If you study the culture and the art of African American you are not studying a regional or minor culture. What you are studying is America. The culture of the people of this country is interdisciplinary, its proactive, its reflective and its about you and me.

– Toni Morrison

Afro-American Studies was never meant to be solely for Afro-Americans. It was meant to try to redefine what it means to be human, what it means to be modern, what it means to be American, because people of African descent in this country are profoundly human, profoundly modern, profoundly American. And so to the degree to which they can see the riches that we have to offer as well as see our shortcomings, is the degree to which they can more fully understand the modern and what modernity is all about, and more fully understand the American experience.

– Cornel West

The Department of African American Studies offers both a concentration and an undergraduate certificate. The curriculum reflects the complex interplay between political, economic, and cultural forces that shape our understanding of the historic achievements and struggles of African-descended people in this country and their relation to others around the world. Toward that end, the course of study is organized into three thematic subfields:

  1. Global Race and Ethnicity: In this track, students use the prevailing analytical tools and critical perspectives of African American studies to consider comparative approaches to groups, broadly defined. Students will examine the intellectual traditions, socio-political contexts, expressive forms, and modes of belonging of people who are understood to share common boundaries/experiences as either: (1) Africans and the African Diaspora outside of the United States and (2) non-African-descended people of color within the United States.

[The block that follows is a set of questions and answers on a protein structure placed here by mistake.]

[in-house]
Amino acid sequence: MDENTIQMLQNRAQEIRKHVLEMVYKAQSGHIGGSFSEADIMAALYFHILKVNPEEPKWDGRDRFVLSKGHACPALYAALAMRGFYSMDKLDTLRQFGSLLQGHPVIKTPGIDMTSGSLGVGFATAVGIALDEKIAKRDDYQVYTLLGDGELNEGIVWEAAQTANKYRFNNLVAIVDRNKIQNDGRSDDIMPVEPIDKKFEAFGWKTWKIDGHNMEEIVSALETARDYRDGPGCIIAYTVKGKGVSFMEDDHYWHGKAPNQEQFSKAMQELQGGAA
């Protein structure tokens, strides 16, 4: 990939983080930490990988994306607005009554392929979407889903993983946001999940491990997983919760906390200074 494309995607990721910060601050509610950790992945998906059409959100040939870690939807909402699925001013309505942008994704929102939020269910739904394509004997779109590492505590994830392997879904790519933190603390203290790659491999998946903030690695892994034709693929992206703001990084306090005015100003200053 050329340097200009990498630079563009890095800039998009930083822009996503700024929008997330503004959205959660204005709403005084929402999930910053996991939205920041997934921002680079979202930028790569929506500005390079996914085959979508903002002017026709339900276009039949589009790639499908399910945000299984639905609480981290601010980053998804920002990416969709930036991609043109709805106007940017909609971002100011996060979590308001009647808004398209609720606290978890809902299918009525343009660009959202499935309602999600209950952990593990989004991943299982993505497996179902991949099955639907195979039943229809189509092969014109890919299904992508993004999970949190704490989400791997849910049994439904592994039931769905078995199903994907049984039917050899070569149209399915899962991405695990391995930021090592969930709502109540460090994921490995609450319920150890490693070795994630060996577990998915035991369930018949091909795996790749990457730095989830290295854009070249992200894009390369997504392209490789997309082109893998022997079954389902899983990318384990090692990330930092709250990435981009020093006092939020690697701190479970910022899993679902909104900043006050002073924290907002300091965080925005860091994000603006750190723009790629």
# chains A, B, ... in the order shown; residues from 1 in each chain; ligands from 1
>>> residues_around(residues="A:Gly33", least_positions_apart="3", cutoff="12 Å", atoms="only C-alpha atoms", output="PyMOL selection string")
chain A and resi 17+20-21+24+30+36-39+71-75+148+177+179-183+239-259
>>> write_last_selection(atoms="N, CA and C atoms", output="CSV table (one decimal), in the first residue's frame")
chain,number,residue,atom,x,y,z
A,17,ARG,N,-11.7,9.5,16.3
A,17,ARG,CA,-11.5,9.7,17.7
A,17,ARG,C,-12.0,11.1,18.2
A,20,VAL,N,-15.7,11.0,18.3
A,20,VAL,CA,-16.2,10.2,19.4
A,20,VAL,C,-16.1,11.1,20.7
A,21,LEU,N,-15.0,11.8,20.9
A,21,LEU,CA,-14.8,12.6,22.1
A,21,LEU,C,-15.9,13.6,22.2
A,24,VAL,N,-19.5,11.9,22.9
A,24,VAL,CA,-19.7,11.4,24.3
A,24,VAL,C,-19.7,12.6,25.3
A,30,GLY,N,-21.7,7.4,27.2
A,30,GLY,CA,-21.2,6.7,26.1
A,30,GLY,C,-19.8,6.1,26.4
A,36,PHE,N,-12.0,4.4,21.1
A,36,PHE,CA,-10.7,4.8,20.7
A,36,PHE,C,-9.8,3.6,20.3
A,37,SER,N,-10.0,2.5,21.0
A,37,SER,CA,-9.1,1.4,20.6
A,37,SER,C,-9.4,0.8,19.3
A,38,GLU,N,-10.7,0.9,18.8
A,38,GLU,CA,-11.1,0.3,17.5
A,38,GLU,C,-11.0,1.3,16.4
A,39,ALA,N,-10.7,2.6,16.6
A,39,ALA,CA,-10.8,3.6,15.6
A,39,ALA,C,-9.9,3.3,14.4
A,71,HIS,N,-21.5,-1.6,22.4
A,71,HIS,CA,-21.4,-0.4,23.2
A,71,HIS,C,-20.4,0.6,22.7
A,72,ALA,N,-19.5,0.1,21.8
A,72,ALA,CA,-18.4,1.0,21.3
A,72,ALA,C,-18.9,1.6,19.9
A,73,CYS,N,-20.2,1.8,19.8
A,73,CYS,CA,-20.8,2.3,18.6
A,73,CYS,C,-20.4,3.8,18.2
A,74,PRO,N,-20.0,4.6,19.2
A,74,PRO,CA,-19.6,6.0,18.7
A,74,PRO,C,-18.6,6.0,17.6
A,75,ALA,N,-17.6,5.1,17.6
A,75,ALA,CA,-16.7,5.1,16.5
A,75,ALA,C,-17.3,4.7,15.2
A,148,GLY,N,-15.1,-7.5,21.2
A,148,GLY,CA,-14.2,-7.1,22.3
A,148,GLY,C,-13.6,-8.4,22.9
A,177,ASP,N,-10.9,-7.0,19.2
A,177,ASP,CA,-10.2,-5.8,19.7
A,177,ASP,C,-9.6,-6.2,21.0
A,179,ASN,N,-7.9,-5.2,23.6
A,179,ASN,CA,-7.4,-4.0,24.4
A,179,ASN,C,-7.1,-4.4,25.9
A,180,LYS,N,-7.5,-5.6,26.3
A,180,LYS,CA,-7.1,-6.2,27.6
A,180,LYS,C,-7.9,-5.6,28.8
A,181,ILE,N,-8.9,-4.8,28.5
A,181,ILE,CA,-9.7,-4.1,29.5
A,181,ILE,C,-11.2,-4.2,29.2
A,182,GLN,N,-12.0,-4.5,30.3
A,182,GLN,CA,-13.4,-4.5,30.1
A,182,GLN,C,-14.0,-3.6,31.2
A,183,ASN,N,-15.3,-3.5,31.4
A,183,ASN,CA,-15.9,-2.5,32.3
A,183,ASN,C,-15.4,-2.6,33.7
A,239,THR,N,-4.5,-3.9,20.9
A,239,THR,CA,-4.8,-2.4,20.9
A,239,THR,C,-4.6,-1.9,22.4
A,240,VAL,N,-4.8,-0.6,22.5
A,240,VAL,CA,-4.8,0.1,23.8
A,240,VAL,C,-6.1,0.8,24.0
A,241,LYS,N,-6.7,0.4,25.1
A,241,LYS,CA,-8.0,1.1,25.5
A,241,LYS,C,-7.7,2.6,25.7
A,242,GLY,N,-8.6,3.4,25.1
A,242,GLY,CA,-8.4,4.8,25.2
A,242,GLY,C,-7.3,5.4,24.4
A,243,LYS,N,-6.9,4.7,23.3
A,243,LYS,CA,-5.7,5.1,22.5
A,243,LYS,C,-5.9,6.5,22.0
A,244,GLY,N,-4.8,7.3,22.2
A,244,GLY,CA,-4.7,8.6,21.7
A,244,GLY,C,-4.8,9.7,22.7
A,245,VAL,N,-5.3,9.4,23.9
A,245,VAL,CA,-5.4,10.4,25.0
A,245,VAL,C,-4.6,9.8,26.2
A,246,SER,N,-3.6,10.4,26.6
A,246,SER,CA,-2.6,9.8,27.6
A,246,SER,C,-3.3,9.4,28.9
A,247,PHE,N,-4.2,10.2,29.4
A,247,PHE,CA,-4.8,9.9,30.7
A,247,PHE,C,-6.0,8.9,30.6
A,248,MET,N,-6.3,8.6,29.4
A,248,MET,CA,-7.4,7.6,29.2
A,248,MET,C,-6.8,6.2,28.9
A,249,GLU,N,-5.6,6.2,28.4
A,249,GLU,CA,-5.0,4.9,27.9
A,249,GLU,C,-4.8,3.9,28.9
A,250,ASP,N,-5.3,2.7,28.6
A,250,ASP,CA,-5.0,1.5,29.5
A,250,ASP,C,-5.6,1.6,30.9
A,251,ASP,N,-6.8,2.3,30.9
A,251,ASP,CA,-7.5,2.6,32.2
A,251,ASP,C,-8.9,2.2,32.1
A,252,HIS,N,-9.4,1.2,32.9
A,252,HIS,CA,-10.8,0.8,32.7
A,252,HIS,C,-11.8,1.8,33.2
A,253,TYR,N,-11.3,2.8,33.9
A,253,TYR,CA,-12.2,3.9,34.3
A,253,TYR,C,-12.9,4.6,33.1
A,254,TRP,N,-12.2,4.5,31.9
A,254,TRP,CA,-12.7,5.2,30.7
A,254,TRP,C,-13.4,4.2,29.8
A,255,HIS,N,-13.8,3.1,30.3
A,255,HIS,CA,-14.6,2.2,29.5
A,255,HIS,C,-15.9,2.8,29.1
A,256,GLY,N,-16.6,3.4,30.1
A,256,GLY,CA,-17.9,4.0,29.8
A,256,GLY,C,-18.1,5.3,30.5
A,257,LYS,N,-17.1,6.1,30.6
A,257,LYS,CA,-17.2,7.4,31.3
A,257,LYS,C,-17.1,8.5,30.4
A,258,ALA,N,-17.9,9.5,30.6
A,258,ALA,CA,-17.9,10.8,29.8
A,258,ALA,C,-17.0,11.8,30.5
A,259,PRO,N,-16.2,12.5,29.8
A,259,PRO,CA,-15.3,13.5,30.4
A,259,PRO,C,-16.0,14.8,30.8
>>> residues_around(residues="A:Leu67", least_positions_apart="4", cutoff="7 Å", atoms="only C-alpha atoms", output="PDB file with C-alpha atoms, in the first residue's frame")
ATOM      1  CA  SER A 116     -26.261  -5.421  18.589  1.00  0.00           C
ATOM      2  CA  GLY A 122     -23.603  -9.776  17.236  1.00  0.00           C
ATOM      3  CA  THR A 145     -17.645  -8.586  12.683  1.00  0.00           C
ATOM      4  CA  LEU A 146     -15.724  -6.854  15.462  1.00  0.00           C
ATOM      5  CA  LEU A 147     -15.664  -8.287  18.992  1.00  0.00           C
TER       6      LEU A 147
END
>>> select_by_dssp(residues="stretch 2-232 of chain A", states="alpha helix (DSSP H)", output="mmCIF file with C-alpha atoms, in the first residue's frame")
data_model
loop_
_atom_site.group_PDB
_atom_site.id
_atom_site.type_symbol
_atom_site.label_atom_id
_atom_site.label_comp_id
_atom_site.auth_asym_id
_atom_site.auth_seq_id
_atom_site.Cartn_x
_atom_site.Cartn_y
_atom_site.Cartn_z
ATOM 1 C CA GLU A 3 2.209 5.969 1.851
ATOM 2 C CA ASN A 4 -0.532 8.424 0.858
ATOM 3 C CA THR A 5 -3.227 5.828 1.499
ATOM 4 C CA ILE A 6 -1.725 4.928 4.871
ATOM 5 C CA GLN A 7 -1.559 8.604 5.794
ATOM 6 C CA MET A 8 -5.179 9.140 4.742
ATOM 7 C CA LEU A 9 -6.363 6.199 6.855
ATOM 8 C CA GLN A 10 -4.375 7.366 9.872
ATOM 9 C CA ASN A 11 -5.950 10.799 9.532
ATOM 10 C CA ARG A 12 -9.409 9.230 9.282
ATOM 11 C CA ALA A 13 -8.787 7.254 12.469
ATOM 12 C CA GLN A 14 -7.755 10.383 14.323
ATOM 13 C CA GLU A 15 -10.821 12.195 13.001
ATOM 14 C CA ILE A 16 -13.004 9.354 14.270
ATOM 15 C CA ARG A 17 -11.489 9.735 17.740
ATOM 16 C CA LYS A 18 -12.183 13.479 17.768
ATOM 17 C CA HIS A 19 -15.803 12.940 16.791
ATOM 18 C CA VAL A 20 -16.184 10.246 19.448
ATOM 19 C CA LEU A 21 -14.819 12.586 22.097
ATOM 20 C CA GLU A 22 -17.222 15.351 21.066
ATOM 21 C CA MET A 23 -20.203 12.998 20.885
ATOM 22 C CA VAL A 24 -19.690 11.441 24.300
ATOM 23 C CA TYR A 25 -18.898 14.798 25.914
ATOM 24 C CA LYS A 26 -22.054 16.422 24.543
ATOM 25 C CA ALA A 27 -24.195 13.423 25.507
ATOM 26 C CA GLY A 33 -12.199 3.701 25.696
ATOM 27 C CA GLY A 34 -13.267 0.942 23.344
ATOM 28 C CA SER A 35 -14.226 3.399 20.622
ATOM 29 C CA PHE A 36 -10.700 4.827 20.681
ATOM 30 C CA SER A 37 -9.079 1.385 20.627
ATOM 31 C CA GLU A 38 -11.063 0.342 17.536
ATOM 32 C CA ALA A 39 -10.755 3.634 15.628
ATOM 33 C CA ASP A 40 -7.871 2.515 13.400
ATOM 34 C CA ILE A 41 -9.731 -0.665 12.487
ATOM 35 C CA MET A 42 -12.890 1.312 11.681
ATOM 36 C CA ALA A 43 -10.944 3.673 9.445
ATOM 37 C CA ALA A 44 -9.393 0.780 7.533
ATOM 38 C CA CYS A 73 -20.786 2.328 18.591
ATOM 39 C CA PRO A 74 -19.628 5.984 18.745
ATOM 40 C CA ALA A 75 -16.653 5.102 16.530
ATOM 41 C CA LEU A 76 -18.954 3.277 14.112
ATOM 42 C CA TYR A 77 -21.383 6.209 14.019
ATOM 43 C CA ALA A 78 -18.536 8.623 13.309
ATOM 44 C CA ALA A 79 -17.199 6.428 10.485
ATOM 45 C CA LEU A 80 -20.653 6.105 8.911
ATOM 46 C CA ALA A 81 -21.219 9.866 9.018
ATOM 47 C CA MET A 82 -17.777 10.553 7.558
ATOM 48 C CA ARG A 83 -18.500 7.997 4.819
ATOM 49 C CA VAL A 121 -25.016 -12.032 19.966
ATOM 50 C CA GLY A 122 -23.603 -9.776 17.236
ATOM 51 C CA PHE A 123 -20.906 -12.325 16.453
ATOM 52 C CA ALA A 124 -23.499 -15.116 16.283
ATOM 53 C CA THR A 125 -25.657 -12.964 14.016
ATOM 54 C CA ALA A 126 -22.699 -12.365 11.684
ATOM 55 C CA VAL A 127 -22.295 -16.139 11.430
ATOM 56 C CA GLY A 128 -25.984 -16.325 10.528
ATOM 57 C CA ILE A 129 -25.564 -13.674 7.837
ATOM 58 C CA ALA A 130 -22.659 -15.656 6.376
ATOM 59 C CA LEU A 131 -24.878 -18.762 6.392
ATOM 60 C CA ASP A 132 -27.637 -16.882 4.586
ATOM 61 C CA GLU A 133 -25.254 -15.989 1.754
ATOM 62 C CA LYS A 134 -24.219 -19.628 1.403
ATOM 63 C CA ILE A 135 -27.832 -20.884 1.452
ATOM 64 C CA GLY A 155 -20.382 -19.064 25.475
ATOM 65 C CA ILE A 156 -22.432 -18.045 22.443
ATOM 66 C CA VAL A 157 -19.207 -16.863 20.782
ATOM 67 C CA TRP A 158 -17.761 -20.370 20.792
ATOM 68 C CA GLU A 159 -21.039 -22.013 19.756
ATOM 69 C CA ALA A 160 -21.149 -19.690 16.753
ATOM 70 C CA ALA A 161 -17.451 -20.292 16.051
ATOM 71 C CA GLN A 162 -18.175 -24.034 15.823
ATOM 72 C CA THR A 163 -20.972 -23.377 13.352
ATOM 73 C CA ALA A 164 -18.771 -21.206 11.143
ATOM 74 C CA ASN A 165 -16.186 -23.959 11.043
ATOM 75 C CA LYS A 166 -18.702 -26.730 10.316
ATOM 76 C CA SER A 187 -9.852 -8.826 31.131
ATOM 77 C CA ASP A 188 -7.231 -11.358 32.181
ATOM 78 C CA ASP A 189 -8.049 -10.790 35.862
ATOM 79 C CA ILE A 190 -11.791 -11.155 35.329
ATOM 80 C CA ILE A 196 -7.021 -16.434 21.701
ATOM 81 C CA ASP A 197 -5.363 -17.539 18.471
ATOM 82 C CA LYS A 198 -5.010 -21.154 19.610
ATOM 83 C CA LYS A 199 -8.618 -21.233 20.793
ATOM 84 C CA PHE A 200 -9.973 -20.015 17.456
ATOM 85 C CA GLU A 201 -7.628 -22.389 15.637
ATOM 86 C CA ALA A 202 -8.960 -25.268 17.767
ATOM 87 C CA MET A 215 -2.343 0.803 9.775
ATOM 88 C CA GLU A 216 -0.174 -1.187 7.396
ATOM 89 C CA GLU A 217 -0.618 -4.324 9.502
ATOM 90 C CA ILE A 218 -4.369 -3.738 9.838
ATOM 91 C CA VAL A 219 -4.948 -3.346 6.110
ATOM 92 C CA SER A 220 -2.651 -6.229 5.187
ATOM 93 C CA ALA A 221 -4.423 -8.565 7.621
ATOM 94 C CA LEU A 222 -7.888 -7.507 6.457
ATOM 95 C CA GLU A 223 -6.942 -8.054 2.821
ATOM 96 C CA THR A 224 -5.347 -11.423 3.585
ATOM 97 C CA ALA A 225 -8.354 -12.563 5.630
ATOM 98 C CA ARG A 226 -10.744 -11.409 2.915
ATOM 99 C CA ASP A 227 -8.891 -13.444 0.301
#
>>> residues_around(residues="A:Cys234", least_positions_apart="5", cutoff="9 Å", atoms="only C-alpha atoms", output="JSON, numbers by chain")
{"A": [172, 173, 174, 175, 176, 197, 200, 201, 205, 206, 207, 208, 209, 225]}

2. African American Culture and Life: In this track, students encounter the theoretical canon and keywords, which shape the contemporary discipline of African American studies. Accessing a range of interdisciplinary areas, situated primarily in the United States, students will learn to take a critical posture in examining the patterns and practices that order and transform black subjects and black life.
  3. Race and Public Policy: In this track, students use and interrogate social science methodologies in examining the condition of the American state and American institutions and practices. With an analysis of race and ethnicity at the center, students will examine the development of institutions and practices, with the growth and formation of racial and ethnic identities, including changing perceptions, measures, and reproduction of inequality.

In addition to the concentration and certificate, the Department of African American Studies organizes a Senior Colloquium for seniors, as well as an array of courses, events, and lecture series (open to all students) that expand and deepen understanding of race in the United States and in the world.

If you have any questions or need any additional information, please contact our Director of Undergraduate Studies Professor Tera Hunter at (609) 258-8904 or via email at thunter@princeton.edu and/or see the Princeton University African American Undergraduate Announcement.